5 ways churches can support families providing foster care

November 11, 2014

The rewards of foster parenting are many, but that doesn’t change the fact that it, like all parenting, can be difficult and emotional work. 

Even those who have raised a brood of their own biological children may not be fully prepared for the circumstances of foster parenting, such as court hearings, therapy appointments, visits with the birth family, medication evaluations, individualized education plans, and the rollercoaster of emotions and deep vulnerability that comes from opening one’s heart to a hurting child.

This is why we often give foster parents pedestal status. We assume they must be more patient, more giving, more loving, and more capable than the rest of us. But the truth is, they, like the rest of us, need all the help they can get. 

Churches have a unique opportunity to provide this needed support, as well as to help those considering becoming a foster parent to make an informed and prayerful decision.

1. Extend new-parent ministries to include foster parents. Many churches have a network in place to support new parents. This network should extend to foster parents, including those who are fostering an older child. While there may not be night wakings and seemingly endless 2 a.m. feedings, opening one’s home to a child comes with its own kind of fatigue.

2. Provide hands-on help. It also comes with a lengthy list of tasks that can make those fostering feel more like chauffeurs than parents. While regulations may or may not allow someone else to drive a foster child to and from activities and appointments, foster parents could use help if they also have biological children, as well as with grocery shopping and other errand running. Empty nesters and college students are especially well-suited to these tasks.

3. Facilitate education The more educated clergy are about the needs of foster children and the dynamics of foster parenting, the more help they will be able to provide. Pastoral care should include knowing which congregants are fostering and providing them with prayer and other means of spiritual support and counseling. Hosting foster care education classes can help the entire church community better understand the unique practical and emotional needs of foster parents.

4. Offer counsel and mentoring. In this same vein, churches may host information nights on what it means to become a foster parent, and provide counseling and prayer to those who are wondering if foster parenting is right for them. If the numbers allow it, a mentoring ministry can be created by connecting those already fostering with those who are considering it. Similarly, veteran foster parents can walk beside those new to the role, helping them understand the unique needs of foster children and the intricacies of the system they are now partnered with.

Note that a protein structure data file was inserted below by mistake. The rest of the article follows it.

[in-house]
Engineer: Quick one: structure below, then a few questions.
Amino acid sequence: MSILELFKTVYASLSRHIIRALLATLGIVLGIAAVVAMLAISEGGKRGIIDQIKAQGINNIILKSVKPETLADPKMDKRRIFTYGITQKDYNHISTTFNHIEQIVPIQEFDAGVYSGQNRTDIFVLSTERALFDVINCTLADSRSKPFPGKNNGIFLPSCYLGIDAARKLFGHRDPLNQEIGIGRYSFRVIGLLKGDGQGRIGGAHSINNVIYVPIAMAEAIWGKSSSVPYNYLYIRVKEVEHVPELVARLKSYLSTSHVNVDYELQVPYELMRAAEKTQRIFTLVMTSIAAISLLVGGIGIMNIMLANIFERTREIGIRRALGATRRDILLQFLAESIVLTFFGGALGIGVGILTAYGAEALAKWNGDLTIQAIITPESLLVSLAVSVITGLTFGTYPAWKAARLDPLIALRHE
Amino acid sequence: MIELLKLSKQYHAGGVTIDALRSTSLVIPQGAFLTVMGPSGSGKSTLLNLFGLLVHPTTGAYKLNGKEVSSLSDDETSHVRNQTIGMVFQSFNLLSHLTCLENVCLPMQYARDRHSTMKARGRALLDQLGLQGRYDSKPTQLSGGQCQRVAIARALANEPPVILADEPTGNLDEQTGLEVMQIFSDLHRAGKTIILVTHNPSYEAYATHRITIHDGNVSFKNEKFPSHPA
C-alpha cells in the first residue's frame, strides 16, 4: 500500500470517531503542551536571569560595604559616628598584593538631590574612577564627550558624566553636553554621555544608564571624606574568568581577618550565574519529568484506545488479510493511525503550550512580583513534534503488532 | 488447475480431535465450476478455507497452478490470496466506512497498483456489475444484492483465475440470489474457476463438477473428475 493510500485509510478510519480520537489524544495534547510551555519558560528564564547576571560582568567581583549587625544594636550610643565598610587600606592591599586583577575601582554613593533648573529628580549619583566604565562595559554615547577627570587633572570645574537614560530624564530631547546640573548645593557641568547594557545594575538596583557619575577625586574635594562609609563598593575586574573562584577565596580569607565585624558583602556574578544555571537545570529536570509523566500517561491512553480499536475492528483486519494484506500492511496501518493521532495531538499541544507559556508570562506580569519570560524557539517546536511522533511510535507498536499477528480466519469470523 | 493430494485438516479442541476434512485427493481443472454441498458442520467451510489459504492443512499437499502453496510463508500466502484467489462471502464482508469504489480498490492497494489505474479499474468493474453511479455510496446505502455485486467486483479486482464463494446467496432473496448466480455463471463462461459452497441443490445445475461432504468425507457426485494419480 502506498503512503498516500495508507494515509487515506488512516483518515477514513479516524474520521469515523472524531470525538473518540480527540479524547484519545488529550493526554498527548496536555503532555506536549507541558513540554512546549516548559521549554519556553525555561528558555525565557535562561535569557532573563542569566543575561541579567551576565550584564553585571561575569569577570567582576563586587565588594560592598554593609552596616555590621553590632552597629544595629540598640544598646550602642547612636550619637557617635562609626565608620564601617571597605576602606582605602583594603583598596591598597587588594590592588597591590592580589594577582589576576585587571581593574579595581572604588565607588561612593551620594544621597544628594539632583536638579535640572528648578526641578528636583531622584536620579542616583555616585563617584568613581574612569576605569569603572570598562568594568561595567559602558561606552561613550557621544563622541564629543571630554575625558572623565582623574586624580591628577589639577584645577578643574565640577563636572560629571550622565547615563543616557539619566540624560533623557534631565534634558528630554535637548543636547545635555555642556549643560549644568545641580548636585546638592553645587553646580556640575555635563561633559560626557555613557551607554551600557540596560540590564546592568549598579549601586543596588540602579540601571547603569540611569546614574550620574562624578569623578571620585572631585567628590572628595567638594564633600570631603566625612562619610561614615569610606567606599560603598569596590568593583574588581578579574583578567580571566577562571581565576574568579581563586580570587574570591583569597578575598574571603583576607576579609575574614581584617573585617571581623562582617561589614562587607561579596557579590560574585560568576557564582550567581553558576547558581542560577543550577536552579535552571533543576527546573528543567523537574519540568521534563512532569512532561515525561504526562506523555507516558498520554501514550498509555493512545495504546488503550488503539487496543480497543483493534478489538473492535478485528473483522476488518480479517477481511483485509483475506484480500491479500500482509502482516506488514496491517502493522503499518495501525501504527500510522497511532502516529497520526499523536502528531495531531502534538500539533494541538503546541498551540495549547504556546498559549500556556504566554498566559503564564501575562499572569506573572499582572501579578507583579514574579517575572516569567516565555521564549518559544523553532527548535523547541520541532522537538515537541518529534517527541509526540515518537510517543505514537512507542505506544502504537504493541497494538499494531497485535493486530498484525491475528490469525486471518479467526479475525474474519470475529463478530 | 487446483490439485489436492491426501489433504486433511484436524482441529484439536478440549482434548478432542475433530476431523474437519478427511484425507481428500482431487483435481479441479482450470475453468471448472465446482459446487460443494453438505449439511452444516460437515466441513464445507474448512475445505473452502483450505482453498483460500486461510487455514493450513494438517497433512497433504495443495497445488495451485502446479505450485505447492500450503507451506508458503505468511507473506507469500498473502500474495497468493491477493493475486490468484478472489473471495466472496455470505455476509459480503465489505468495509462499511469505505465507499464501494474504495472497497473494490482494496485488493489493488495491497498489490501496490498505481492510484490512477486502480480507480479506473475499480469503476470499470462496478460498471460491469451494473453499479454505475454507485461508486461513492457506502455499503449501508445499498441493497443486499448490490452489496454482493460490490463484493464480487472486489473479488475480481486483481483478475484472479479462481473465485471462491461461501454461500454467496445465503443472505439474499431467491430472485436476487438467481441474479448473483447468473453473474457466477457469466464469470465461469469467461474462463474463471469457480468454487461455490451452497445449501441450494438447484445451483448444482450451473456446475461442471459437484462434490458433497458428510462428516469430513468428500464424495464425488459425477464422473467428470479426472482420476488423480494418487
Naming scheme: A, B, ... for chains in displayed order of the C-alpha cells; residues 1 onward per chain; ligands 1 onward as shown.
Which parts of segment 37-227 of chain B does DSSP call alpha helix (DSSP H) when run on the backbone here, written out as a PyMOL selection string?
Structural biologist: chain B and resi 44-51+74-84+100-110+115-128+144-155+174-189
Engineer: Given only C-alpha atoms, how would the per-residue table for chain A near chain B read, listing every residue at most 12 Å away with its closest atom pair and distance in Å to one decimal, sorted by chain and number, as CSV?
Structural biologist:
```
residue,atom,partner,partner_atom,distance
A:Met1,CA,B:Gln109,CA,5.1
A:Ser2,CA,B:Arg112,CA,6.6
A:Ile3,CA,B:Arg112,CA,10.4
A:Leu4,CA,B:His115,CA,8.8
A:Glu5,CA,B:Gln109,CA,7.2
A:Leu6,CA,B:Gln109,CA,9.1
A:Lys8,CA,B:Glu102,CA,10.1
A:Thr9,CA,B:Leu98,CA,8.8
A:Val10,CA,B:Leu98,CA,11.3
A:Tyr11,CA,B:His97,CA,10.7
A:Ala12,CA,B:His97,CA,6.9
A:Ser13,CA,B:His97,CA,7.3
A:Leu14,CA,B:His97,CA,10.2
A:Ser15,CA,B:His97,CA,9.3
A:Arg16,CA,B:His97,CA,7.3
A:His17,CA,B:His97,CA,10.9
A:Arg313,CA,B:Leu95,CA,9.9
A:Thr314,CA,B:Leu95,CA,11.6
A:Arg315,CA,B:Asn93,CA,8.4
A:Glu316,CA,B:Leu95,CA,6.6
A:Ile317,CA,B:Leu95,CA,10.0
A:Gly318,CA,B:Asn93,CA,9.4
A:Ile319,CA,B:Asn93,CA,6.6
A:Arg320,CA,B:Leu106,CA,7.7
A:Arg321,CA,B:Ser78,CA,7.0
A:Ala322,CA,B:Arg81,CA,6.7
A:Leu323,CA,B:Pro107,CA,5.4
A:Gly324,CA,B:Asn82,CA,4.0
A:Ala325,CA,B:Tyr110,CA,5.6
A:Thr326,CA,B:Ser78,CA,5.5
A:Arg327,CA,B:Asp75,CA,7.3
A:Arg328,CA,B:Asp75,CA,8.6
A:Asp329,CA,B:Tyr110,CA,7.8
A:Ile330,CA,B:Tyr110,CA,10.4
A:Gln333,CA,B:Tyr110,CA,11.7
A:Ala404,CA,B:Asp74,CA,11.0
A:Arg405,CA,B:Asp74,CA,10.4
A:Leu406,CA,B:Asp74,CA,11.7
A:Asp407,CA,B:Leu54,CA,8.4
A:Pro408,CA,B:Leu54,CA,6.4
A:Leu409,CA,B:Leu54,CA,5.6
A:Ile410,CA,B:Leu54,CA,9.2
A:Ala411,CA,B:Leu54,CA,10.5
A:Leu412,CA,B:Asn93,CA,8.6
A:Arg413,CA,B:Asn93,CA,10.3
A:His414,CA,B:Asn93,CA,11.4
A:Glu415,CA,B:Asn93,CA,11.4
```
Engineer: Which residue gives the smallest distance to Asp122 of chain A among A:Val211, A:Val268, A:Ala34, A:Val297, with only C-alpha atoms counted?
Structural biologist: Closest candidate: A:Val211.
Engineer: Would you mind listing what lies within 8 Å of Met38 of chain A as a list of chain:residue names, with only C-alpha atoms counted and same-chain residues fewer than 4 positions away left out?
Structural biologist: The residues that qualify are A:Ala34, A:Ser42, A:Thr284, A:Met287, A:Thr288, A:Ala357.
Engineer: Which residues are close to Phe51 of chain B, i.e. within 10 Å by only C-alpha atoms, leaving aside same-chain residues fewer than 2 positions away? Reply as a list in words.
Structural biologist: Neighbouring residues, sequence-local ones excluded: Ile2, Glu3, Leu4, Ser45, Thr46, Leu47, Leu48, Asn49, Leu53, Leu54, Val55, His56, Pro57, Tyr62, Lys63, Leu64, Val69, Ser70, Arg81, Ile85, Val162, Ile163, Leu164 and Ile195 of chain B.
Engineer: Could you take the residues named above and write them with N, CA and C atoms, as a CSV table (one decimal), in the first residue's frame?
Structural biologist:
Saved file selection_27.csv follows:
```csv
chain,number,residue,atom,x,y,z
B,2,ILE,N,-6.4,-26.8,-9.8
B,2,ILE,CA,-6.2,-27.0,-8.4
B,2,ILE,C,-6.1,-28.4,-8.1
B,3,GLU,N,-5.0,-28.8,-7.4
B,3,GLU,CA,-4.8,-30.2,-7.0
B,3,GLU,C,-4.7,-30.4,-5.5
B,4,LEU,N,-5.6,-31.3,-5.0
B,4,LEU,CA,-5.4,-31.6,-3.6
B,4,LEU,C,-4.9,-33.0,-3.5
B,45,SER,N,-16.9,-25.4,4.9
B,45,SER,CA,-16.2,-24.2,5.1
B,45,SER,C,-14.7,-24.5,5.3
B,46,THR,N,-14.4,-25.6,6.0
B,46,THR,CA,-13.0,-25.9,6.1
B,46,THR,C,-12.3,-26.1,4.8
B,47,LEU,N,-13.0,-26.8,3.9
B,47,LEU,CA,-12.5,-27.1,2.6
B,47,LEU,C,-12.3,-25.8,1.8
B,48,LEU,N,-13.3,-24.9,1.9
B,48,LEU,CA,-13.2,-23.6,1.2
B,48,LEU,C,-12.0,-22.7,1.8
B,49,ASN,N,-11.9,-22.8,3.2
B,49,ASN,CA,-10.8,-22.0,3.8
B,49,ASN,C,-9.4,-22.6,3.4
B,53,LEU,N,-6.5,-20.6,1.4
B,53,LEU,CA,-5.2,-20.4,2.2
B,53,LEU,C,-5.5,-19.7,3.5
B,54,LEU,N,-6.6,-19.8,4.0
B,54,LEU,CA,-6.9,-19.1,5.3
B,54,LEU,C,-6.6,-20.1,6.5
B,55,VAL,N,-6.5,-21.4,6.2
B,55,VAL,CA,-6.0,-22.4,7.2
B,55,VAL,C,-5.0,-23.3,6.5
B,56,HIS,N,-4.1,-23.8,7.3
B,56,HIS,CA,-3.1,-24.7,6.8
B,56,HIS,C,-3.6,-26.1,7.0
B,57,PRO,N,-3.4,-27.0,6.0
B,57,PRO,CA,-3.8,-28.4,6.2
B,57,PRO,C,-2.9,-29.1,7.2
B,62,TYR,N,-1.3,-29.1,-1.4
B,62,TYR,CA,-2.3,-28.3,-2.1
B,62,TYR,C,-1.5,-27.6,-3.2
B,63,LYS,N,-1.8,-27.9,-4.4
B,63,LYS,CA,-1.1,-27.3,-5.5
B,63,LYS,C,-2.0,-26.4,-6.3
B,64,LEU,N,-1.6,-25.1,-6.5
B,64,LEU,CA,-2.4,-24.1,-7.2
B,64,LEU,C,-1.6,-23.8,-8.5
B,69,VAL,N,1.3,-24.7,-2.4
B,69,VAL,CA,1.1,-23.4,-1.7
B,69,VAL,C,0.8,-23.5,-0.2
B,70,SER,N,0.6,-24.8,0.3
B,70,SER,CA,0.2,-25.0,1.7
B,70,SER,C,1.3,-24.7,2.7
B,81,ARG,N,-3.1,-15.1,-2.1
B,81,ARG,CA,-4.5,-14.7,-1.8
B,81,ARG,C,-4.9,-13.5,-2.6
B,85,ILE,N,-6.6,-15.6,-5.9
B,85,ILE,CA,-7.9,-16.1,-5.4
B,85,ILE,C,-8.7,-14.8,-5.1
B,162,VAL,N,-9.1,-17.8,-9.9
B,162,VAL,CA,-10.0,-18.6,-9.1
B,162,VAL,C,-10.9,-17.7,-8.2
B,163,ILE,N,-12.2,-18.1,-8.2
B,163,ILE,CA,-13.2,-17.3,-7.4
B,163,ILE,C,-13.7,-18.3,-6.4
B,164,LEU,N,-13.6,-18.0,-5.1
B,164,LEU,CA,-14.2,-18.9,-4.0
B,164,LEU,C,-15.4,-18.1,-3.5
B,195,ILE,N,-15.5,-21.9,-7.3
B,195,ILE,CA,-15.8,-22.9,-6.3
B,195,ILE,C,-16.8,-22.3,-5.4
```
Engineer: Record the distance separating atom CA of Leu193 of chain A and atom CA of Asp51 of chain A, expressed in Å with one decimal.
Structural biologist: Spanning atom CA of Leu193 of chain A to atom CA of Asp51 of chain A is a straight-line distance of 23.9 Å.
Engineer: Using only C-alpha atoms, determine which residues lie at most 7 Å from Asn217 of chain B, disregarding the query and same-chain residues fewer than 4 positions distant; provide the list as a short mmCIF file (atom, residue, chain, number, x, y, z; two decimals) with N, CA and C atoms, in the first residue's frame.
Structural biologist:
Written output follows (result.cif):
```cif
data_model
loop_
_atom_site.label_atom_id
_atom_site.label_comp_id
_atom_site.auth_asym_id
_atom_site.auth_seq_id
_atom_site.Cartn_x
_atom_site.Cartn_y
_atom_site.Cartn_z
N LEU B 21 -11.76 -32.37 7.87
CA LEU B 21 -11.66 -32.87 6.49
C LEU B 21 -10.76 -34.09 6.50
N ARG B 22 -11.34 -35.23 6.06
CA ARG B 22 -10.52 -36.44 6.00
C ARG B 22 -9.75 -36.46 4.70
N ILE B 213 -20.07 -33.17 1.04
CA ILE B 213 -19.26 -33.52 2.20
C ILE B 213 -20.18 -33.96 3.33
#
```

5. Join with others. Faith-based organizations are springing up throughout America to encourage, teach, and support congregants who are considering becoming, or who already are, foster parents. These organizations have done the math and seen the possibilities: there are approximately 400,000 foster children in the U.S., and approximately 450,000 churches. While foster parenting is certainly not for everyone, these numbers make clear the far-ranging impact congregations could have in the lives of those in the system.

If your church is local to one of these groups, get involved! There are big ways to do this, such as becoming a member congregation; there are also smaller ways, such as hosting a guest speaker or education night, or making information brochures available.

If this isn’t an option for your church, consider becoming “the” church in your area that speaks the loudest for the foster care system. Utilizing the outreach avenues already in place, make it known that foster parenting, and supporting foster parents, is a top priority.

God calls us all to care for the widow and orphan. This can take many different forms, of which foster parenting is but one. For those who feel called to serve differently, supporting, educating, counseling, and praying for those who have opened their home to abused and neglected children can be a vital ministry for children in need. Don’t be afraid to be the person to get this started in your church. If you don’t do it, who will?